Shanthi Marie Blanchard is a MSc student at the London School of Economics and Political Science and studies Gender, Policy and Inequalities. In this essay, she uses the concept of intersectionality as a tool to unpack her understanding of her area youth’s transition into adulthood which transpired after 9/11 in her small rural Midwestern town. This post is the second post in a two post entry. The first post can be found here.

This week in our Militarization course, we are reading an article by Iris Marion Young entitled ‘The Logic of Masculinist Protection: Reflections on the Current Security State’. The article resonated with me soundly, as it depicted the male that developed in many of my generation’s rural, Midwestern boys during our coming of age. The masculine protector was the ideal identity given to us by our government when we sat in the classrooms that September day wondering what it all meant, trying to understand how to navigate this event as we simultaneously started the navigation of our own identities into adulthood. Maybe underlying it all, it resonated so strongly with me because on the other side of Young’s analysis of the post 9/11 American man, laid the role of the post 9/11 woman. This was a role I realized that I hadn’t and couldn’t fulfill. It was the conscious deterrent of this fulfilling this role that caused me to loose my childhood love.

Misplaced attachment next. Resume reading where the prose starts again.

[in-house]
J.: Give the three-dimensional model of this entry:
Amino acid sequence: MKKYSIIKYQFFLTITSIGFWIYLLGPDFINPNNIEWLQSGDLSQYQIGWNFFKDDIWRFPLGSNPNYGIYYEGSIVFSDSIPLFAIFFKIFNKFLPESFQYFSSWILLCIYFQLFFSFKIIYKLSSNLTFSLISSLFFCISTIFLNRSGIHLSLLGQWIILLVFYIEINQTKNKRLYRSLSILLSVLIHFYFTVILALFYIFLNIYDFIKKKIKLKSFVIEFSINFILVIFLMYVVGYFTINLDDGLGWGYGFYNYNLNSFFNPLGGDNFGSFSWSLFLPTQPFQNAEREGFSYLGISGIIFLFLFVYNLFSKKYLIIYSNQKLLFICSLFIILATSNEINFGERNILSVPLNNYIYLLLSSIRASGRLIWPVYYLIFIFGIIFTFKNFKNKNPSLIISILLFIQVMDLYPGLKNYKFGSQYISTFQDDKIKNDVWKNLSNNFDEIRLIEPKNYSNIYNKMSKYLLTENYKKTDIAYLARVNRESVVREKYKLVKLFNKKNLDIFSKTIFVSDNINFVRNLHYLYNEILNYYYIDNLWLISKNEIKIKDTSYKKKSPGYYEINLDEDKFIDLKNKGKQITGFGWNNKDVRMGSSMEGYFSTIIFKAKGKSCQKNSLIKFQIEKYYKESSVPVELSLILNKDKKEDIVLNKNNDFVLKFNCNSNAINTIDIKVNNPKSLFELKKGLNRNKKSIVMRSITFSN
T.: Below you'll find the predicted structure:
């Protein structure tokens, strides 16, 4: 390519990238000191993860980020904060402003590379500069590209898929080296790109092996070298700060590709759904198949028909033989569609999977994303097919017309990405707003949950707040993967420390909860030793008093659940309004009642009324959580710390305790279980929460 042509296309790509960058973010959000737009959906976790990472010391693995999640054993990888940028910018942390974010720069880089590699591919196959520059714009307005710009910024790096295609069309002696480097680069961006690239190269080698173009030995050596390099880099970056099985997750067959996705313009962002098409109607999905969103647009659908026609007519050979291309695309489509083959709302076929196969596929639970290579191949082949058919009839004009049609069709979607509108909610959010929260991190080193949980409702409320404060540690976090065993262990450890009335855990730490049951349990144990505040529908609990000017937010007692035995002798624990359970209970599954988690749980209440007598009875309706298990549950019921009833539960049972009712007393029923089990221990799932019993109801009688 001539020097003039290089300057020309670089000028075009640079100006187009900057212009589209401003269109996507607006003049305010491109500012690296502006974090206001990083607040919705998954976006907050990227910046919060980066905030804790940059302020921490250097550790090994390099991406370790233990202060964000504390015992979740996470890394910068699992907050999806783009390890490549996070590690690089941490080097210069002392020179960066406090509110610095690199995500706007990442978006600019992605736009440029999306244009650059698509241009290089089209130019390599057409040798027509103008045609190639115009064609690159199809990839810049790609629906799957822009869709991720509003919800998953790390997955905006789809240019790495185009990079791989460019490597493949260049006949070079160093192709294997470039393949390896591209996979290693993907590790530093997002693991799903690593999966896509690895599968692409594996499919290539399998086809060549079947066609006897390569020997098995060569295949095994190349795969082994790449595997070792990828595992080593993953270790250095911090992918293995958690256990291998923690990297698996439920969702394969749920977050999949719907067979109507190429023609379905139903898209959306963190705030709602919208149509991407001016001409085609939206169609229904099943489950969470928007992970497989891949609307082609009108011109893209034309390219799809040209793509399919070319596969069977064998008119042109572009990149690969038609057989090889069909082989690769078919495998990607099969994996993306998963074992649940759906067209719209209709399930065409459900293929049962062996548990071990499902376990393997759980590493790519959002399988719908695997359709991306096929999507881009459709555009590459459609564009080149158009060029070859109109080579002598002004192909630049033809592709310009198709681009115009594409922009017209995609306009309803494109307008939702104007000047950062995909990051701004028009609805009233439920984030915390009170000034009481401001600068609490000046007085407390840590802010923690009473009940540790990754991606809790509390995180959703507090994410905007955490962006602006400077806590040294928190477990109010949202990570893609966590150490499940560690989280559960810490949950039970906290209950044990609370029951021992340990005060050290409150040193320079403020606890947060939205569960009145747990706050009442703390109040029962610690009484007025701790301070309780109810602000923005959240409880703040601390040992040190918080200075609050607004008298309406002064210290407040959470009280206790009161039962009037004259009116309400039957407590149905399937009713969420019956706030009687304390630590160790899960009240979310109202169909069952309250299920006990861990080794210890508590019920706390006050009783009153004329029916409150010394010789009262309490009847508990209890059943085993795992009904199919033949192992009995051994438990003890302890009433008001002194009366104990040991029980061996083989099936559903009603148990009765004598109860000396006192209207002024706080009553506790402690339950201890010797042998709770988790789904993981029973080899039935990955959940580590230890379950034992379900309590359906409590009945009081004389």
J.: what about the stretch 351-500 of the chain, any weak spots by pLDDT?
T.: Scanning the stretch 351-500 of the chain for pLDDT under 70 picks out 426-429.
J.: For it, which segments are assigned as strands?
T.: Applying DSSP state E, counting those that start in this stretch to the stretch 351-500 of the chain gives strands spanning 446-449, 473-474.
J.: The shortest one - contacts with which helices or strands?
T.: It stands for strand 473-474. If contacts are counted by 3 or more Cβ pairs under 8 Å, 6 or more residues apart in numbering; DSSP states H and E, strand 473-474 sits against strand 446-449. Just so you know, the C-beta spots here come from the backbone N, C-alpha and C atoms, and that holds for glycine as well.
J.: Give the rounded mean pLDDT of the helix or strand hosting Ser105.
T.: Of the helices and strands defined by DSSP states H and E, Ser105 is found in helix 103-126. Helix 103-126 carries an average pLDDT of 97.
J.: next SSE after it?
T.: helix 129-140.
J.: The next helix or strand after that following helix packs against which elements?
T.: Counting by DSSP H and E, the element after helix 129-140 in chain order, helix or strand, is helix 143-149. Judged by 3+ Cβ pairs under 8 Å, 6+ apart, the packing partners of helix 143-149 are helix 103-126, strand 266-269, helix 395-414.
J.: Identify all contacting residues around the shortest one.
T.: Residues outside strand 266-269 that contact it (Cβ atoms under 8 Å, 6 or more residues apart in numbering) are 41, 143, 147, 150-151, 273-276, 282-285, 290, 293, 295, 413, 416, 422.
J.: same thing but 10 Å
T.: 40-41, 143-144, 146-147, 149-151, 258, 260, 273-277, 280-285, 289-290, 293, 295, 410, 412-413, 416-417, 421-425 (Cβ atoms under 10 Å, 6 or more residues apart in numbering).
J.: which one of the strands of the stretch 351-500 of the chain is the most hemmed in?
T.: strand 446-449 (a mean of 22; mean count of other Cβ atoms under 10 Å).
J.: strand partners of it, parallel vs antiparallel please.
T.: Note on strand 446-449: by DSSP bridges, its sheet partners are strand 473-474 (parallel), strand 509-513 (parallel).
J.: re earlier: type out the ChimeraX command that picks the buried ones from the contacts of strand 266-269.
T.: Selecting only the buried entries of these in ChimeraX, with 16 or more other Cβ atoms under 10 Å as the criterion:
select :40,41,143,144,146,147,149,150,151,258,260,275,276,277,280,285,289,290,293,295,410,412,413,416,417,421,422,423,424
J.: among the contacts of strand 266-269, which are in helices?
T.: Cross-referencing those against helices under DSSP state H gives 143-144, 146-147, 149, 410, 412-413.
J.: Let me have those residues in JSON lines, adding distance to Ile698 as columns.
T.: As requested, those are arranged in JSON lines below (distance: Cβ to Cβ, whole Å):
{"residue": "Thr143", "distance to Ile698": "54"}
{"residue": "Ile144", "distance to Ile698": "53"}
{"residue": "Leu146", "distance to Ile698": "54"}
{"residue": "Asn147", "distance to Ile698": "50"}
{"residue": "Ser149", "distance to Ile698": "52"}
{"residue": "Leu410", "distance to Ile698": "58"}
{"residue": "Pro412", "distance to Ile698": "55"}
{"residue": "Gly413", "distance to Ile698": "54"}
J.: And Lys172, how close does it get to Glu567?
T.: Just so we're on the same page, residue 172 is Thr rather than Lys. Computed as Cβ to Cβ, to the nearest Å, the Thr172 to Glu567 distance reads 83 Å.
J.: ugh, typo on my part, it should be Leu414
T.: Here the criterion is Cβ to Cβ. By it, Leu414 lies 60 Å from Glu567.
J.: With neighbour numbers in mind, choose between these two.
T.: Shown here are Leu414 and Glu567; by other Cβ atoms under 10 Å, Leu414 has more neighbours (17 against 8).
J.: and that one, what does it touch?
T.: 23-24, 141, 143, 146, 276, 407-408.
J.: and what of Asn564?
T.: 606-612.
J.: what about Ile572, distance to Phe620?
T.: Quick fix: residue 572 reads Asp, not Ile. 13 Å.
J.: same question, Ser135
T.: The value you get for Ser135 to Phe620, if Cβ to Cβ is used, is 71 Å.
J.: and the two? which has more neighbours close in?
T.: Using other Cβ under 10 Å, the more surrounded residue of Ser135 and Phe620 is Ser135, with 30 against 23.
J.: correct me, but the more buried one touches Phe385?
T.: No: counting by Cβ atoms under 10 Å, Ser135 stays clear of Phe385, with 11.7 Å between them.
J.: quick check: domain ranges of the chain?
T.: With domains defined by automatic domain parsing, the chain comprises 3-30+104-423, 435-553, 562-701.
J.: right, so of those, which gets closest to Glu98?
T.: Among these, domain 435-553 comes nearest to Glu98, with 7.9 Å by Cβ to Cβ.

In the argument, Young draws on Hobbes’ Leviathan to make her argument about the ‘masculinist protector’ within the 9/11 context, which acts as a benevolent but ultimate authority over the family structure in securing the safety of the American people. Under Hobbes’ depiction of the state of nature, “people live in small families where all believe others envy them and desire to enlarge themselves by stealing or conquering the group” (Young, 2003). They live in constant fear and insecurity and thus, give ultimate and unquestioned authority to the Leviathan, which ‘fosters and maintains security” (Young, 2003).